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Open Access Highly Accessed Editorial

Safety and feasibility of umbilical cord mesenchymal stem cells in treatment-refractory systemic lupus erythematosus nephritis: time for a double-blind placebo-controlled trial to determine efficacy

Thasia G Woodworth and Daniel E Furst*

Author Affiliations

Division of Rheumatology, David Geffen School of Medicine, University of California, Los Angeles, CA, USA

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Arthritis Research & Therapy 2014, 16:113  doi:10.1186/ar4677


See related research by Wang et al., http://arthritis-research.com/content/16/2/R79


The electronic version of this article is the complete one and can be found online at: http://arthritis-research.com/content/16/4/113


Published:30 July 2014

© 2014 Woodworth and Furst; licensee BioMed Central Ltd.

This is an Open Access article distributed under the terms of the Creative Commons Attribution License (http://creativecommons.org/licenses/by/4.0), which permits unrestricted use, distribution, and reproduction in any medium, provided the original work is properly credited. The Creative Commons Public Domain Dedication waiver (http://creativecommons.org/publicdomain/zero/1.0/) applies to the data made available in this article, unless otherwise stated.

Abstract

As translational clinical researchers familiar with the risk-benefit of hematopoietic stem cell transplantation in autoimmune diseases, we are intrigued by the recent report of umbilical cord mesenchymal stem cell (UC-MSC) transplantation in treatment-refractory systemic lupus erythematosus nephritis by Wang and colleagues. They report the results of an open-label single-arm multicenter phase I/II study. This stimulated us to examine whether collective data from this group provide sufficient evidence for the feasibility, safety, dose rationale, and potential efficacy of UC-MSCs to conduct a randomized controlled trial in such patients. Results, though confounded by variable baseline prednisone and immuno-suppressive treatment, appear to indicate near-term response rates of approximately 50%, which are comparable to those seen with hematopoietic stem cell transplantation but with less morbidity and mortality.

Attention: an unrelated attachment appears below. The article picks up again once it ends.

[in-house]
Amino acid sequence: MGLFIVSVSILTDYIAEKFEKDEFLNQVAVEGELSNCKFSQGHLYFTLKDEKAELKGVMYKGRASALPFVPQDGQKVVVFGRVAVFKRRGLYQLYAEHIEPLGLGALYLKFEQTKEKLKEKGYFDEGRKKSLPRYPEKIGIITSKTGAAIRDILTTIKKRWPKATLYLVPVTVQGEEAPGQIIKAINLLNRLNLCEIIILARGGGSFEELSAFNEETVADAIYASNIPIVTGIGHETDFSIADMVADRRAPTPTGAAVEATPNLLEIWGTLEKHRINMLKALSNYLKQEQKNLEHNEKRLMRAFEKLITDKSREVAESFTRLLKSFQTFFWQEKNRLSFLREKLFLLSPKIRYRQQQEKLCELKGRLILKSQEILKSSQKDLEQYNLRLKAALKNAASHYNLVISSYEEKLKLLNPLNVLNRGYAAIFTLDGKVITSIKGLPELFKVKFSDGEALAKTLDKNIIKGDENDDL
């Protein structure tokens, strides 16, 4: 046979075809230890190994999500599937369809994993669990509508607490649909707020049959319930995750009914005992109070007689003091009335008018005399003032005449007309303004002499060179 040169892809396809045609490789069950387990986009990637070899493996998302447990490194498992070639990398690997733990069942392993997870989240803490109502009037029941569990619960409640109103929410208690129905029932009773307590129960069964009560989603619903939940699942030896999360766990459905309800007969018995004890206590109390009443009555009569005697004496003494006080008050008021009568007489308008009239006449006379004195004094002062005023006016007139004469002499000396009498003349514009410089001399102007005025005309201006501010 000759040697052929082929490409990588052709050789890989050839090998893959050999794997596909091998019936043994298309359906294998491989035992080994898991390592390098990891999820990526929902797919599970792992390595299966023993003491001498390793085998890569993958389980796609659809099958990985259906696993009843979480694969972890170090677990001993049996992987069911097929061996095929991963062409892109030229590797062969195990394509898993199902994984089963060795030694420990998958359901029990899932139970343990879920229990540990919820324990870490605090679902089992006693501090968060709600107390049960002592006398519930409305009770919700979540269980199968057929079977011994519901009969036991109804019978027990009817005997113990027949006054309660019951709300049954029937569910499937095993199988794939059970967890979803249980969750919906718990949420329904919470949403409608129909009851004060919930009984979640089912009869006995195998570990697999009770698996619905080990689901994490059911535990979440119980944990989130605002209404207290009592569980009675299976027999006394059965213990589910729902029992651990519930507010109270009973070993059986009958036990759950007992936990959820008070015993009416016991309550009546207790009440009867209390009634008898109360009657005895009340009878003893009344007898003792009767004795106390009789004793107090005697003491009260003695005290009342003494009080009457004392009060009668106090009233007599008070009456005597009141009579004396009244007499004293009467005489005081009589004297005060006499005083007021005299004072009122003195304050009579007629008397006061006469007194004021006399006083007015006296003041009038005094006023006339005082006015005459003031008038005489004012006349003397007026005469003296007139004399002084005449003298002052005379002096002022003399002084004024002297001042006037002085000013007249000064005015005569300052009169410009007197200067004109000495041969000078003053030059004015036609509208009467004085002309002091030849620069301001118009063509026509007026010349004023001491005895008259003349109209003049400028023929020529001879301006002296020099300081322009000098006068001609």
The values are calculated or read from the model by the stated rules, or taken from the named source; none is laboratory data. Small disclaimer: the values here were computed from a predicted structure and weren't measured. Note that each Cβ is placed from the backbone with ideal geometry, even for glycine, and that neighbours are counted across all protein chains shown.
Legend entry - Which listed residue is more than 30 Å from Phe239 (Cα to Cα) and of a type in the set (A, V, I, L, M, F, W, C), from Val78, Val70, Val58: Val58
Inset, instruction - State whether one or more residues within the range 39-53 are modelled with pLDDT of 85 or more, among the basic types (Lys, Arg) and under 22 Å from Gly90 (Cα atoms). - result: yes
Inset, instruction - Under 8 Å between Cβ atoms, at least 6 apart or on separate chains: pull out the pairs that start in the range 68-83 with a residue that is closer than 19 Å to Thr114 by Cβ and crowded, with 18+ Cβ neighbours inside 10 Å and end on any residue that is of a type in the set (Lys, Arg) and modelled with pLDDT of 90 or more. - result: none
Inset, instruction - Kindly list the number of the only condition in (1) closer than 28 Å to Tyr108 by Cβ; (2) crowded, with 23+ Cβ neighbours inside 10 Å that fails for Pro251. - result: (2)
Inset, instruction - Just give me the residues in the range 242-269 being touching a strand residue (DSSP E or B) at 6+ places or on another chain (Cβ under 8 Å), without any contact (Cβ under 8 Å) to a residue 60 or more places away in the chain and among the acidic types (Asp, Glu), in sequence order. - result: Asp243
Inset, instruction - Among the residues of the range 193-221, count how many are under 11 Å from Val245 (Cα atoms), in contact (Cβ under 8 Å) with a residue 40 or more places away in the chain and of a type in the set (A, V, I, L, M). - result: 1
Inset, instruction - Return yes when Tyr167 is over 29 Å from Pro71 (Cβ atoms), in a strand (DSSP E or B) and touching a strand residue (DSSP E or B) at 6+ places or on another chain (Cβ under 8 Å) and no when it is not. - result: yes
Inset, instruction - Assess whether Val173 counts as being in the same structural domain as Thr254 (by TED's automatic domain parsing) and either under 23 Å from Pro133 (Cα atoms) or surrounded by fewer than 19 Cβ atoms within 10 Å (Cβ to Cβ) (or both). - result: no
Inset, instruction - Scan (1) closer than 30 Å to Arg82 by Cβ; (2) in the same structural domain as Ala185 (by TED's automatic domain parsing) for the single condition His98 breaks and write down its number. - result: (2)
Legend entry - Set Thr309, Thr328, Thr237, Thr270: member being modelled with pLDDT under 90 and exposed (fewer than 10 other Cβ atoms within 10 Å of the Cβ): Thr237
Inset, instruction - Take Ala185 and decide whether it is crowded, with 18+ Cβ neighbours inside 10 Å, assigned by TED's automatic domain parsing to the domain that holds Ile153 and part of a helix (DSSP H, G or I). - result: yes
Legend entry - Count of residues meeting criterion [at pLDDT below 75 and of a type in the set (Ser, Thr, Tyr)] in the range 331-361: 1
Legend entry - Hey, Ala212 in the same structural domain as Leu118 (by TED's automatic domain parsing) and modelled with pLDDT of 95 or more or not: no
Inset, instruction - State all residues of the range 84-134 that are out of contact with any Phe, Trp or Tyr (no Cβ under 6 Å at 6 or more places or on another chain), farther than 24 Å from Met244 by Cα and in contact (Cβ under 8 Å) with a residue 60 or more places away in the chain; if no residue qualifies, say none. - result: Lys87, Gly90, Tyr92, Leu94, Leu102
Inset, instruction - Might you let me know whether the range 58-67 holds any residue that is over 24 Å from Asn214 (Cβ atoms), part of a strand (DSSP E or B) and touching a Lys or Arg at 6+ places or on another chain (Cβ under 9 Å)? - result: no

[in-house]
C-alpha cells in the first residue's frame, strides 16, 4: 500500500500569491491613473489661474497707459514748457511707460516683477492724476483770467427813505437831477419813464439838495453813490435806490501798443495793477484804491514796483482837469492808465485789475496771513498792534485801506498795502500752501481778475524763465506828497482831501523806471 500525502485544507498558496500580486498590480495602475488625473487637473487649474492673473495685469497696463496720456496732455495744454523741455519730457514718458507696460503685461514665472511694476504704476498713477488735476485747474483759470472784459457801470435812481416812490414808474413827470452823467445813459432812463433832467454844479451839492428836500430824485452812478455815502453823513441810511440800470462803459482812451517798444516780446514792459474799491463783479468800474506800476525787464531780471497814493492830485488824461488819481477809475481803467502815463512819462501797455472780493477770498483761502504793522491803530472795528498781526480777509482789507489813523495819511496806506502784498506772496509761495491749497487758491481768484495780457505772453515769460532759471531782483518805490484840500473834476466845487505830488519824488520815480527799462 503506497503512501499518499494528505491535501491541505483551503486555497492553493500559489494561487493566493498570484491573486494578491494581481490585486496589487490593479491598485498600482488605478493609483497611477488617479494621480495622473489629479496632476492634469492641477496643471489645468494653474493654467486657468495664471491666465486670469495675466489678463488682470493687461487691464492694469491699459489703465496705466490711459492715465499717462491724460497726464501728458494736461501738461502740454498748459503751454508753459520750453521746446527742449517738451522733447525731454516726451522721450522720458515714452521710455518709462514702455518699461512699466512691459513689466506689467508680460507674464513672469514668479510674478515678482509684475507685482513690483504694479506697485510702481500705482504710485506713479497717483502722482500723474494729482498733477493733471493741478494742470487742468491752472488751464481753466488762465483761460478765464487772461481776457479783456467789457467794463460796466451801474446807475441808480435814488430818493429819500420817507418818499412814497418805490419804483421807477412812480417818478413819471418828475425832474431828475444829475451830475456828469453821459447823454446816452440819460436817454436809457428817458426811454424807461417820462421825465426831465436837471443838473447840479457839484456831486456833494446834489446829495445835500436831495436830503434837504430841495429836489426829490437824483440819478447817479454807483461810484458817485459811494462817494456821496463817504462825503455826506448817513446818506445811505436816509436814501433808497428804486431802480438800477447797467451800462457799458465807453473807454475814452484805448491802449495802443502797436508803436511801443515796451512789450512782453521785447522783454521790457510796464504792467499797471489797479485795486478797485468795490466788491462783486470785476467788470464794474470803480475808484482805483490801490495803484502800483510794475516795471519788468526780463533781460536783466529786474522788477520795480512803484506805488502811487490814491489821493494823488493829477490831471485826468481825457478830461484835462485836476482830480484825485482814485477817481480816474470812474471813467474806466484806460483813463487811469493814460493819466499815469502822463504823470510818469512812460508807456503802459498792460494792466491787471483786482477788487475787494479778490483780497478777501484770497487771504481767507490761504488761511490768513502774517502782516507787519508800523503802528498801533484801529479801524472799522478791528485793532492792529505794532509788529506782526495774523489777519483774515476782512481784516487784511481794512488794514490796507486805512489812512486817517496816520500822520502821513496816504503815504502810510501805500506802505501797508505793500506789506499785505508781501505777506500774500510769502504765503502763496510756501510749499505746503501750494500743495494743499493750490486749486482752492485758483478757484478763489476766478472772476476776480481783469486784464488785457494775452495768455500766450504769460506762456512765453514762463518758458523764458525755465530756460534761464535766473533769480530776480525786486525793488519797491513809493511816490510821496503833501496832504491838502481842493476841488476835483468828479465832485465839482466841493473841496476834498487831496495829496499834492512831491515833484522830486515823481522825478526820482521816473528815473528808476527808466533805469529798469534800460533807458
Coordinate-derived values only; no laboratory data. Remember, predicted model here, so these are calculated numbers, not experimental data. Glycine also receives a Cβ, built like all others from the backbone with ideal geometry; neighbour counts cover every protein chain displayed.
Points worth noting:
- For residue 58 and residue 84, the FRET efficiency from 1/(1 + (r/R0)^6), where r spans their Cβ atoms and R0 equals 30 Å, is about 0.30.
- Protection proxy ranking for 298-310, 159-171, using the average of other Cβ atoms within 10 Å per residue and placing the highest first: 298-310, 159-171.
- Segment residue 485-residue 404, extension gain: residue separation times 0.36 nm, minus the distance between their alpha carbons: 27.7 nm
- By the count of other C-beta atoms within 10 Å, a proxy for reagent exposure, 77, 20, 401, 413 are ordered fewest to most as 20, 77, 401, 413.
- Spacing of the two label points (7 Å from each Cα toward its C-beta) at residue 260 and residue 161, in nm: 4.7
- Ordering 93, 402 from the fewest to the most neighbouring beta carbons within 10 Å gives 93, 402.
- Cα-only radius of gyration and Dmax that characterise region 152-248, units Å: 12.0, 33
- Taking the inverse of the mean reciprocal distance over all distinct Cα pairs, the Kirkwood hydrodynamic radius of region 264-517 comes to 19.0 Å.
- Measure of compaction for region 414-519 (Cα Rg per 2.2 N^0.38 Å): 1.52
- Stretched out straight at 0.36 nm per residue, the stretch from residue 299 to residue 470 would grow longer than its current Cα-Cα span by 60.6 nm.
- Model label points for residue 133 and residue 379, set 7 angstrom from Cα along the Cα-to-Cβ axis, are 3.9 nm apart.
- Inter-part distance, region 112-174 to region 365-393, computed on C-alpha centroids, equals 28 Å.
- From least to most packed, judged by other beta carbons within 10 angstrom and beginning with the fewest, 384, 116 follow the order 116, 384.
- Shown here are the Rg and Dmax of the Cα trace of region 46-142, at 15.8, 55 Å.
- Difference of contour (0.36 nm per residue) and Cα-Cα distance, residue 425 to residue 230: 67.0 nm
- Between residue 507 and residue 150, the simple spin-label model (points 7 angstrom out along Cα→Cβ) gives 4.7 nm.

Editorial

Wang and colleagues have been in the forefront of evaluating the potential for mesenchymal stem cells (MSCs) to treat systemic lupus erythematosus (SLE), based on studies in murine autoimmune disease models, demonstrating immunomodulatory properties of MSCs [1]. We have reviewed the additional reports published in peer-reviewed journals from this group [2-5], together with two protocols available on ClinicalTrials.gov (NCT00698191 and NCT01741857) (Table 1).

Table 1. Overview of open-label phase I/II studies to evaluate mesenchymal stem cells (1 × 106 per kg) in treatment-refractory systemic lupus erythematosus

Protocol NCT01741857, first posted on 26 November 2012 and updated 1 November 2013, appears to be the protocol for the study recently published in Arthritis Research & Therapy[1]. The report largely reflects the protocol, although dose is not described and patient entry criteria required a dose of prednisone of more than 20 mg/day. In the report, only 10 of 40 patients were receiving prednisone of more than 20 mg/day, and one dose - 1 × 106 cells per kg, infused twice 7 days apart - was evaluated. The umbilical cord mesenchymal stem cells (UC-MSCs) for infusion were centrally prepared by using a well-standardized, quality-controlled method, and infusions were well tolerated. One-year mortality (two patients with uncontrolled SLE) and morbidity (five serious infections) compare favorably to those seen with hematopoietic stem cell transplantation in patients with SLE [6].